ST Grade: D
Every aspect of Pittsburgh’s special teams performance was dreadful on Sunday. LaGarrett Blount was only able to bring one kickoff out of the endzone, which resulted in a 29-yard gain. That return sadly went down as the longest on the season for Pittsburgh. On kickoffs, Shaun Suisham wasted a 15-yard penalty with an awful squib kick directly to Ravens FB Kyle Juszczyk that set Baltimore up with good field position. No reason why he shouldn’t have just booted it out of the endzone. In addition to that, Pittsburgh gave up a 108-yard TD return to Jacoby Jones who went untouched. William Gay, Darius Heyward-Bey, and Antwon Blake weren’t able to detach from their block, thus opening up tons of space for the explosive Jones. Brad Wing struggled in punt duties, averaging just 41.8 yards per punt, none of which pinned Baltimore inside the 20-yard line. With Pittsburgh driving midway through the 3rd quarter, up 22-10, they elected to punt from Baltimore’s 47-yard line. Brad Wing flubbed a 27-yard punt that was fair caught by Jacoby Jones at the 20-yard line. As an “inside the 20” specialist, Wing has to at least attempt to down Baltimore deep inside their territory. Finally, Brad Wing botched a PAT hold after Pittsburgh’s third TD that luckily resulted in a 2-point conversion to Matt Spaeth. Though Mike Tomlin was smiling on the sidelines (as was I), Wing cannot expect the same result if he botches another snap. Finally, on hands team (onside kick recovery team), Will Johnson attempted to recover an onside kick late in the 4th quarter that had only traveled ~6 yards. The ball took an odd hop, bounced off his helmet, and luckily rolled out of bounce before Baltimore had a chance to recover it. Johnson should have let the ball travel beyond him while engaging a Ravens player.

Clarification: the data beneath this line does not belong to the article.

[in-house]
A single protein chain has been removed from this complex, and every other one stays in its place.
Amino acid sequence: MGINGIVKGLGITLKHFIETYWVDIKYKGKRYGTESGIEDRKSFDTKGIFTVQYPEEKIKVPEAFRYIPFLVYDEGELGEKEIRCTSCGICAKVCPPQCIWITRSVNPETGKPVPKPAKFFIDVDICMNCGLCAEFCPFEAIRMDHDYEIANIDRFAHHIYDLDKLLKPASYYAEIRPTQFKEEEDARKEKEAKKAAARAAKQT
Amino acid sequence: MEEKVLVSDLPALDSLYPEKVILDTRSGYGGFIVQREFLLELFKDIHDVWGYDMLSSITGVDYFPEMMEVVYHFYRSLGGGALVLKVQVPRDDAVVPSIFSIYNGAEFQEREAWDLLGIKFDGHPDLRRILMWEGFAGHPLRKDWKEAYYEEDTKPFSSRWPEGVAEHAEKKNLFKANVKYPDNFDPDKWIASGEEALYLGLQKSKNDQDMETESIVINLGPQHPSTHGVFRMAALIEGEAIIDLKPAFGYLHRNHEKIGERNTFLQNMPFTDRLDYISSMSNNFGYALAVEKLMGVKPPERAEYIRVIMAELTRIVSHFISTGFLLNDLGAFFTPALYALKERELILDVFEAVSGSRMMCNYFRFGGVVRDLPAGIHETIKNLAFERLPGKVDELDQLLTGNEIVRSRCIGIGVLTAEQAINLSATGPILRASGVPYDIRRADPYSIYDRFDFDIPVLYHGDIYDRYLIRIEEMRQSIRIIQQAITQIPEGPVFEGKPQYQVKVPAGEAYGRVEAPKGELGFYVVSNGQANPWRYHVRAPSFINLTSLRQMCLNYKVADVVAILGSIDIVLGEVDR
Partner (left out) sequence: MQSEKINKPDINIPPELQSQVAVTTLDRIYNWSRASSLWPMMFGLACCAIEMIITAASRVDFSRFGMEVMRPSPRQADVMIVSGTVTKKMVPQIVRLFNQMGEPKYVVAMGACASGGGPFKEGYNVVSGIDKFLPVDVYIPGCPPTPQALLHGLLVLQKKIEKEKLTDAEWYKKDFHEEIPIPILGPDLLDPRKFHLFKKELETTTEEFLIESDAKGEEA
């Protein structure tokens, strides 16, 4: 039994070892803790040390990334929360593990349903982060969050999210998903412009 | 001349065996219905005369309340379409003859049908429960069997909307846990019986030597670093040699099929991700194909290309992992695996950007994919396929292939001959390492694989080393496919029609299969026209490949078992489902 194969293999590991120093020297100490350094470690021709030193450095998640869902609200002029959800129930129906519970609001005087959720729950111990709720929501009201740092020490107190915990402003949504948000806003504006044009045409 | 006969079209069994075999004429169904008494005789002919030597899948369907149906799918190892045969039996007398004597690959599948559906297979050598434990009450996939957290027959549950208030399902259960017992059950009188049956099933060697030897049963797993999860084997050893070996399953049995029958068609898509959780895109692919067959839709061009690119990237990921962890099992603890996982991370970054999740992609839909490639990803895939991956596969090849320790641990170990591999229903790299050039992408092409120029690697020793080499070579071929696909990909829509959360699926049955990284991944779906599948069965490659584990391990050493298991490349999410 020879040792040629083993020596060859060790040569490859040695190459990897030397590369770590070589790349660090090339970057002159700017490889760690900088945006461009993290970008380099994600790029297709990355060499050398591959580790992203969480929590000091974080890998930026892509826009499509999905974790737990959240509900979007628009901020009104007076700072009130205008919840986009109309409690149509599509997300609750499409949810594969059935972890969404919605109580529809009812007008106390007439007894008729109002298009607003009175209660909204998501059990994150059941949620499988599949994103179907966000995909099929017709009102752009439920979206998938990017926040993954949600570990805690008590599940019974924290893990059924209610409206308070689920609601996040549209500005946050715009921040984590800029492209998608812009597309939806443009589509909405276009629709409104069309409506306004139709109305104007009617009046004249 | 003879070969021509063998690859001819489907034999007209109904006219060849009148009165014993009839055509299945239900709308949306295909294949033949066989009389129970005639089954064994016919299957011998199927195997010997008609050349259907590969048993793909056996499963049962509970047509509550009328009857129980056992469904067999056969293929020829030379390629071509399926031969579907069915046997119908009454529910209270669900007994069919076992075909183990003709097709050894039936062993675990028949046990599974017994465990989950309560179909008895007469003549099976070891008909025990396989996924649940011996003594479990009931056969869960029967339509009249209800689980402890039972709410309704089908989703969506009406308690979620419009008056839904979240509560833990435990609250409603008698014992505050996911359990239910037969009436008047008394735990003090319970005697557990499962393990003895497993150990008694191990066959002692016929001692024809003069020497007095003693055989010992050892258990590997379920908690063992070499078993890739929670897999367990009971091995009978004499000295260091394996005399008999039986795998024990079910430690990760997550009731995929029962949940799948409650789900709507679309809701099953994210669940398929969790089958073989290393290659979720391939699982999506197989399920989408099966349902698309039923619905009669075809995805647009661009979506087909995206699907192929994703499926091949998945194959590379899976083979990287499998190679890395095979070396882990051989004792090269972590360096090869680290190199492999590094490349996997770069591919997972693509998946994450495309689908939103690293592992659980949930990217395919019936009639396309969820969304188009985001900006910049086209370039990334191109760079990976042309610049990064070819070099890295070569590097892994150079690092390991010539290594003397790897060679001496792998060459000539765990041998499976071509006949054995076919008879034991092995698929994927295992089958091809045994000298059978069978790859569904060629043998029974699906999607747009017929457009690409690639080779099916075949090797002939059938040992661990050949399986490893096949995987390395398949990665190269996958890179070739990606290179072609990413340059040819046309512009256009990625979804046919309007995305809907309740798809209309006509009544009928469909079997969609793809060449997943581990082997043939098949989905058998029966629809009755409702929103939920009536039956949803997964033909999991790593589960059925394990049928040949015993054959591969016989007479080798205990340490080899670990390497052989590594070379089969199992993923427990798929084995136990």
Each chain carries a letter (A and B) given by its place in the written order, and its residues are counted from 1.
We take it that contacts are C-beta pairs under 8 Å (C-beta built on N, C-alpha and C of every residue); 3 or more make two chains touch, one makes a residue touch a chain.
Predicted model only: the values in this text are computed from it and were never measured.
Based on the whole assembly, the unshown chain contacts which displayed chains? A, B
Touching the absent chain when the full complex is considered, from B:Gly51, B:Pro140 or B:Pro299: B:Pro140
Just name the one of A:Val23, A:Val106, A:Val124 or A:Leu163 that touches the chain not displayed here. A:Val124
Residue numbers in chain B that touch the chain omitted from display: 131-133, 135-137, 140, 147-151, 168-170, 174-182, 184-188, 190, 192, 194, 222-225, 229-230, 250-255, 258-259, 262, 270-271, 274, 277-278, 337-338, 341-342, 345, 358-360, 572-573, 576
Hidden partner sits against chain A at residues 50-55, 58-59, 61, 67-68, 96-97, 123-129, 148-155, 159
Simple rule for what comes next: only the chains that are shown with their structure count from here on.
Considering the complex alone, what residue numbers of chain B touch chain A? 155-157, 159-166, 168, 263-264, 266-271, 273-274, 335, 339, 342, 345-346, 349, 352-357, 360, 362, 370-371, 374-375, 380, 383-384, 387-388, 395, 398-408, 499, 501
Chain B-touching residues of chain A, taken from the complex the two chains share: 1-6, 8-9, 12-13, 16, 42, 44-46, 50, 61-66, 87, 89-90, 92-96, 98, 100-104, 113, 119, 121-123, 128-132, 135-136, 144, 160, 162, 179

Hero: QB Ben Roethlisberger/OLB James Harrison
Goat: G Ramon Foster